The success of a novel is only five percent about the structure and ninety-five percent about the quality of the writing.
— Elizabeth Lyons, Manuscript Makeover
(While this post started off with a focus on children’s literature, it is absolutely a post about all kinds of narrative, for any human audience.)
THE LINEAR STORY
The linear story tracks a single main character from beginning to end.
It implies a historical or biological explanation for what happens.
— John Truby, Anatomy of Story
The linear story is a traditionally Western story.
Linear Plots In Adult Film
Most Hollywood films are linear. They focus on a single hero who pursues a particular desire with great intensity. The audience witnesses the history of how the hero goes after his desire and is changed as a result.
Linear Plots In Children’s Stories
As in film, the majority of children’s stories are basically linear. However, the plot doesn’t necessarily begin where the story begins. Home-away-home adventure stories are generally linear.
Dennis Butts, among others, has pointed out that in their use of formulaic elements and stereotyped characters, adventure stories owe a good deal to the structure of traditional folk- and fairy tales in which similar patterns tend to repeat themselves. [Also to myth.] Butts refers to the ideas of both Propp and Campbell as possible instruments to examine the structure of adventure stories, and to those of Bettelheim* to show the appeal of these stories. He also discusses Treasure Island in terms of folktale.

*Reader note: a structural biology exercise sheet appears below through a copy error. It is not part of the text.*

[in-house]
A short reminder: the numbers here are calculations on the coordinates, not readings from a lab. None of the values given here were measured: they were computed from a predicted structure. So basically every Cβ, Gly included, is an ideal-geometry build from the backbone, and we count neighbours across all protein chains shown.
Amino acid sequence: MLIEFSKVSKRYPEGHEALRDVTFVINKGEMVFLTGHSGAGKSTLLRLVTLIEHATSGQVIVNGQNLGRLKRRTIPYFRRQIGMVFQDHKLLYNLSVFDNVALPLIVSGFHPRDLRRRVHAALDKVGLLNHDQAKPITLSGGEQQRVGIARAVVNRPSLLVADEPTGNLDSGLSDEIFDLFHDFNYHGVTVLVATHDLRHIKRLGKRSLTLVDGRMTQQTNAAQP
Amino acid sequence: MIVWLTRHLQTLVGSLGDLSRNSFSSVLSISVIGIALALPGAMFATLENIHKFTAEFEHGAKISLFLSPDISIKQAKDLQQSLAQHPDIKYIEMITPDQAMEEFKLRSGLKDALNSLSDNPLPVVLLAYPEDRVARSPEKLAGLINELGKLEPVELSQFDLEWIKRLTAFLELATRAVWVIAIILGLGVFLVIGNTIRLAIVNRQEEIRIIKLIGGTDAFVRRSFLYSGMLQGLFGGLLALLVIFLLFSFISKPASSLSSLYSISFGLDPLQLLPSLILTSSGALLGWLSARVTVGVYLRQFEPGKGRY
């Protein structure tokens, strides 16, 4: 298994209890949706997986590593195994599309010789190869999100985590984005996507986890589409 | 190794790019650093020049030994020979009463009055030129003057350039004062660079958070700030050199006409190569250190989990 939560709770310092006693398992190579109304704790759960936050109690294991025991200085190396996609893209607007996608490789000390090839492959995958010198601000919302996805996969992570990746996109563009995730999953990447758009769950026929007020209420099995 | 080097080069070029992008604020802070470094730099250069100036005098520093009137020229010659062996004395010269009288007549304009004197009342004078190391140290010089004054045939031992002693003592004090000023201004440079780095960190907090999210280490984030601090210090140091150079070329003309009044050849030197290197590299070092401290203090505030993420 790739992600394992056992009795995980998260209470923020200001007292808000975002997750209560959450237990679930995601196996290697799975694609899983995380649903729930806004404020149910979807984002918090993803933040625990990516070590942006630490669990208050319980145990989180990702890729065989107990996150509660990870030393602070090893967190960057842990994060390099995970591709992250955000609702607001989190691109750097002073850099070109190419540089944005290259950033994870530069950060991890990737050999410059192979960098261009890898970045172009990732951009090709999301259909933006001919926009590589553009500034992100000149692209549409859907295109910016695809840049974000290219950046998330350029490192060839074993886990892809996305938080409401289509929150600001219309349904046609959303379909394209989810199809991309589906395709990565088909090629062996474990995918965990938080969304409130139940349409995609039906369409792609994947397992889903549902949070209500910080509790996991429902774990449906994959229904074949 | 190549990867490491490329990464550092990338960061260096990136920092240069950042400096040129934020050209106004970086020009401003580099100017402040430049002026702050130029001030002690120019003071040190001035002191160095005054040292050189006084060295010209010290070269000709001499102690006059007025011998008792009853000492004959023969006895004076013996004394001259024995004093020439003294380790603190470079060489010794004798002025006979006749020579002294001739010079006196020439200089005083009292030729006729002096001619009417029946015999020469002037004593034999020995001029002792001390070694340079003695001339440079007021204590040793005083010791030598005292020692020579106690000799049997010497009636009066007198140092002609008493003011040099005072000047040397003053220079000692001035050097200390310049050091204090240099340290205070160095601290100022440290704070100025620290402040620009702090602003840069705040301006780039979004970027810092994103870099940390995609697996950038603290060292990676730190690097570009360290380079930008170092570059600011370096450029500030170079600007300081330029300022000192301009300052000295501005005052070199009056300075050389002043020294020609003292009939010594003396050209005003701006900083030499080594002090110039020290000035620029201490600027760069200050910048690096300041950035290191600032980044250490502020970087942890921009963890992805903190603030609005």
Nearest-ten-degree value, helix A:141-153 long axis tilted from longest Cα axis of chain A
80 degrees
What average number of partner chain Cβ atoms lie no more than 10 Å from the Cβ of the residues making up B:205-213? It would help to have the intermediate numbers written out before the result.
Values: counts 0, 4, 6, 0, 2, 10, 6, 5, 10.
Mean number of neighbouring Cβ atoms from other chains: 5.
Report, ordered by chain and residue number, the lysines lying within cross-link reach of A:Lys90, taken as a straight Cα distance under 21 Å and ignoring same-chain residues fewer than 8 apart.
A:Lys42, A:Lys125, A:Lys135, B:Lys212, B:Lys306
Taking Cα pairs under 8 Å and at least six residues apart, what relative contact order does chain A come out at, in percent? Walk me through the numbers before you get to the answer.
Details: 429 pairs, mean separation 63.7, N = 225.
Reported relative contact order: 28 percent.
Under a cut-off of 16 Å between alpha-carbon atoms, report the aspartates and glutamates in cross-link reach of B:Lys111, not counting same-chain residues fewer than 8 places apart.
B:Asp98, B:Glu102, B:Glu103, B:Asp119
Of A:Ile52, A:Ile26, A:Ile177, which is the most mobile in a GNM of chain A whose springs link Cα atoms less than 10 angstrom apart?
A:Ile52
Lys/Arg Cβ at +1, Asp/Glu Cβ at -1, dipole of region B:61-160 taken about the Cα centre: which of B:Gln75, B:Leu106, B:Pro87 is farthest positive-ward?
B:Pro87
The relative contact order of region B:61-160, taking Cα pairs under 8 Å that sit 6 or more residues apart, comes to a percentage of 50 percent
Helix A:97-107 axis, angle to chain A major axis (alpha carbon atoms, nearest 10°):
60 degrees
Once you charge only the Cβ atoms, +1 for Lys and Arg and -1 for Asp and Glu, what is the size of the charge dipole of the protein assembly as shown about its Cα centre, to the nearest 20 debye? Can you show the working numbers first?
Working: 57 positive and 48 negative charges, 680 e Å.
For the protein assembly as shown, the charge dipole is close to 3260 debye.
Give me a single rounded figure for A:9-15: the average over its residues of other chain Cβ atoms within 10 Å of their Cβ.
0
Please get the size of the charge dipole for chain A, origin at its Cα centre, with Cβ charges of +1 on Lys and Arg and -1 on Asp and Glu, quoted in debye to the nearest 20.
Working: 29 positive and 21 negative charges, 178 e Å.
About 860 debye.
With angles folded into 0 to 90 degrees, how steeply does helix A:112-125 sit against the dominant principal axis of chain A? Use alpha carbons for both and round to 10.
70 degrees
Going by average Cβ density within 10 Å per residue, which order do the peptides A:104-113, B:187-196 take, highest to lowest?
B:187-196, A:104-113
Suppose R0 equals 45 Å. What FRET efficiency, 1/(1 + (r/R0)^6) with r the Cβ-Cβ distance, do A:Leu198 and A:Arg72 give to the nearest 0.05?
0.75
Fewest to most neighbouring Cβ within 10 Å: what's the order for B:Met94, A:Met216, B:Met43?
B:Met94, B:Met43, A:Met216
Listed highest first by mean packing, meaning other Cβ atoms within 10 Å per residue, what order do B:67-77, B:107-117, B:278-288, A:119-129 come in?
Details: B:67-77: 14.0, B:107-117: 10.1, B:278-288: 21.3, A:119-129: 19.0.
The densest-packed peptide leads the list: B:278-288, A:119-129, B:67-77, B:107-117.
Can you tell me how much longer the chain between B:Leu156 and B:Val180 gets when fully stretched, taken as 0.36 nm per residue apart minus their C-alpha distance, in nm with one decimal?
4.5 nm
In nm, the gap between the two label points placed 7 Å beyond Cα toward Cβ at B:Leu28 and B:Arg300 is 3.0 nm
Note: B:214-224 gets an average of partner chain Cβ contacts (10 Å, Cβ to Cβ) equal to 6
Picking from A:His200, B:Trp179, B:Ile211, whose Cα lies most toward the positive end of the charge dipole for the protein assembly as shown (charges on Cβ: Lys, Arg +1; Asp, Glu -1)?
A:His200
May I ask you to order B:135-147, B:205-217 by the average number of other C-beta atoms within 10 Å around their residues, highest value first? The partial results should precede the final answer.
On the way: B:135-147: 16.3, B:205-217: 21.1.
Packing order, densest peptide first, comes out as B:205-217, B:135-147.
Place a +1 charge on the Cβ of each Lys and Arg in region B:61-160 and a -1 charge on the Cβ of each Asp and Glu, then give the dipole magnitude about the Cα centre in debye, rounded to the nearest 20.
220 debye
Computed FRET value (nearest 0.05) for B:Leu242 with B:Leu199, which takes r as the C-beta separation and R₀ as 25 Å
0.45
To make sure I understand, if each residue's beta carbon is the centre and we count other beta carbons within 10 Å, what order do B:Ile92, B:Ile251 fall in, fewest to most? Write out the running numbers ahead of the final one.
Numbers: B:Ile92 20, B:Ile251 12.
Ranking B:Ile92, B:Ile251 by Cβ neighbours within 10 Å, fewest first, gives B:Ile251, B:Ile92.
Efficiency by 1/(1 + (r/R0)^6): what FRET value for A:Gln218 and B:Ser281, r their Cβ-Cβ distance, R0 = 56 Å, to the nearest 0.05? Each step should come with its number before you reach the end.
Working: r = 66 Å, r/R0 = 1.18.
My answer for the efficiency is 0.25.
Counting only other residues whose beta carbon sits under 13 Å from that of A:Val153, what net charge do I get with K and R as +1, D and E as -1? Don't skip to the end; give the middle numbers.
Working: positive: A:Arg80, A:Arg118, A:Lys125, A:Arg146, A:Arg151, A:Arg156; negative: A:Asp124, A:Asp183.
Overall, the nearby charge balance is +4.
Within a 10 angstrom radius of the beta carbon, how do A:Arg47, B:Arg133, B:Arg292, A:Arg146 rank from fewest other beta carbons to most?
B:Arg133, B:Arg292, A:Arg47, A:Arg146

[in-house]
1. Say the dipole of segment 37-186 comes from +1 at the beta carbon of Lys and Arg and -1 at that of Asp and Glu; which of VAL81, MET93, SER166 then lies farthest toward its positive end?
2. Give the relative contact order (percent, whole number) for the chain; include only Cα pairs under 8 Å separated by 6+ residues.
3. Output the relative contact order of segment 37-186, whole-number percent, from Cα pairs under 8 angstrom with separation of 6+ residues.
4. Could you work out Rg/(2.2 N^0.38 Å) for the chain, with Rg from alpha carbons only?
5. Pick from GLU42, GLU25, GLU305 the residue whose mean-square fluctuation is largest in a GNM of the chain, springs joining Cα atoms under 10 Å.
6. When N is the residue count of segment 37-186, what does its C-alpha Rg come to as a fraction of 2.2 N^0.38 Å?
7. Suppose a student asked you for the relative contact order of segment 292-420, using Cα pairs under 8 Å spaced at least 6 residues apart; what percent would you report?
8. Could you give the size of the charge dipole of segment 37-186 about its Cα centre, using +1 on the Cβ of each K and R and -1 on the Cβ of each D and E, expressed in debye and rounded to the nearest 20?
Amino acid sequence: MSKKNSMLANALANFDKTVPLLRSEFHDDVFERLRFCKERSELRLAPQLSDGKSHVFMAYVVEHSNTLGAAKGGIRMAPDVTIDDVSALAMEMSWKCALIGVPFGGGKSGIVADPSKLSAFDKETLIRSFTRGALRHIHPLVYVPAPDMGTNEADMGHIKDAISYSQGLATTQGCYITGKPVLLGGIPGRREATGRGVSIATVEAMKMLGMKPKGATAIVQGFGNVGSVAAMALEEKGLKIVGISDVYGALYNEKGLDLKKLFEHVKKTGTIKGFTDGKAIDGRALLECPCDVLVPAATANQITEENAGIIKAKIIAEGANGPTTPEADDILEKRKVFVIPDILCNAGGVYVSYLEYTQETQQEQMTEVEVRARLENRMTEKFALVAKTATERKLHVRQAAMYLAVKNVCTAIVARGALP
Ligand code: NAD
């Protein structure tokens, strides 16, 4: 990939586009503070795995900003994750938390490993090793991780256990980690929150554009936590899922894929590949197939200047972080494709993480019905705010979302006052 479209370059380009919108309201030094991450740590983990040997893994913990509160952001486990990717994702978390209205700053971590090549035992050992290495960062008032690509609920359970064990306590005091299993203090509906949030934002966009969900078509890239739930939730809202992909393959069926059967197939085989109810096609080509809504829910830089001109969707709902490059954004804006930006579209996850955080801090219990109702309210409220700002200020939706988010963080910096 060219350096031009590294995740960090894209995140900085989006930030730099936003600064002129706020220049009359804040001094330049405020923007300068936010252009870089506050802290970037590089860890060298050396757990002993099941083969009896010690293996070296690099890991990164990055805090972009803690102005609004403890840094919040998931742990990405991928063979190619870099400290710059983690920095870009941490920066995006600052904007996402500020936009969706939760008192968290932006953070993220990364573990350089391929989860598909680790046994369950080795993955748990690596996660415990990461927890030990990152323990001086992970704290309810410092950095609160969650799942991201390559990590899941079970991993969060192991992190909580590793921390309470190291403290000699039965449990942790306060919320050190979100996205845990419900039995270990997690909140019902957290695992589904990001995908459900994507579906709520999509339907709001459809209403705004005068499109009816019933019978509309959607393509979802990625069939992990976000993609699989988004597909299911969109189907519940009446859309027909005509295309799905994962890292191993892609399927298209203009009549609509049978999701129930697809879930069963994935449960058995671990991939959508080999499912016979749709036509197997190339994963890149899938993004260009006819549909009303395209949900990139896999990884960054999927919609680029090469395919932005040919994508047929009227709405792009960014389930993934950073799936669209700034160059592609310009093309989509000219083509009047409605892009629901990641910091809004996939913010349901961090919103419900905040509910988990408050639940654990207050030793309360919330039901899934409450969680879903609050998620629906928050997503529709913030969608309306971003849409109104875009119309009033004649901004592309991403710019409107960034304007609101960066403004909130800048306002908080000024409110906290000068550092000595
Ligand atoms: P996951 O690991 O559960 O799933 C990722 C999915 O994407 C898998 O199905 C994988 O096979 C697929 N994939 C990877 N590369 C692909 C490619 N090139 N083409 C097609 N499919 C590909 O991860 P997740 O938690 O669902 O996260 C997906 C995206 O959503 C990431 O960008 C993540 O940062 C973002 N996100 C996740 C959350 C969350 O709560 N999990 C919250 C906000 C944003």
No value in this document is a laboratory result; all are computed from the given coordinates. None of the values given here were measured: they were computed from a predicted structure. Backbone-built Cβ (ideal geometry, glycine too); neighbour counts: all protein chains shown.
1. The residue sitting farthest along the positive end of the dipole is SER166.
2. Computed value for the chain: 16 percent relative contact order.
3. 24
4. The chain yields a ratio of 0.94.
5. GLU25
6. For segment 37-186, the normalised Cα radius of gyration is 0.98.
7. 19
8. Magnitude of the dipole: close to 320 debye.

— Maria Nikolajeva, From Mythic to Linear
*Bettelheim was an asshole who set psychology back a couple of decades. Look up his theories on the causes of autism. (tl;dr: Refrigerator Mothers)
- The Epic Of Gilgamesh (the oldest known adventure story — 3rd millennium BC)
- Tom Sawyer (‘master text’ for adventure story as the Narnia Chronicles are for fantasy), but is itself an off-shoot of The Odyssey
- The legend of Saint George and the dragon
- The Greek tale of Perseus
- Robinson Crusoe (compared to Odyssean stories, the Robinsonnade keeps the characters in one place in order to focus on character development.)
- King Solomon’s Mines (1885)
- Jack and the Beanstalk
- Treasure Island
- Kim, Rudyard Kipling (1901)
- Peter Pan
- Sherlock Holmes
- The Hobbit, Lord of the Rings
- Doctor Who
- Star Wars (a parody of the hero adventure story)
- James Bond
- Where The Wild Things Are by Maurice Sendak
- Cinderella, and any story using the ‘Cinderella Structure’ in which the hero can never go home again
For more on children’s adventure stories and their evolution, see The Centrality of the Adventure Story.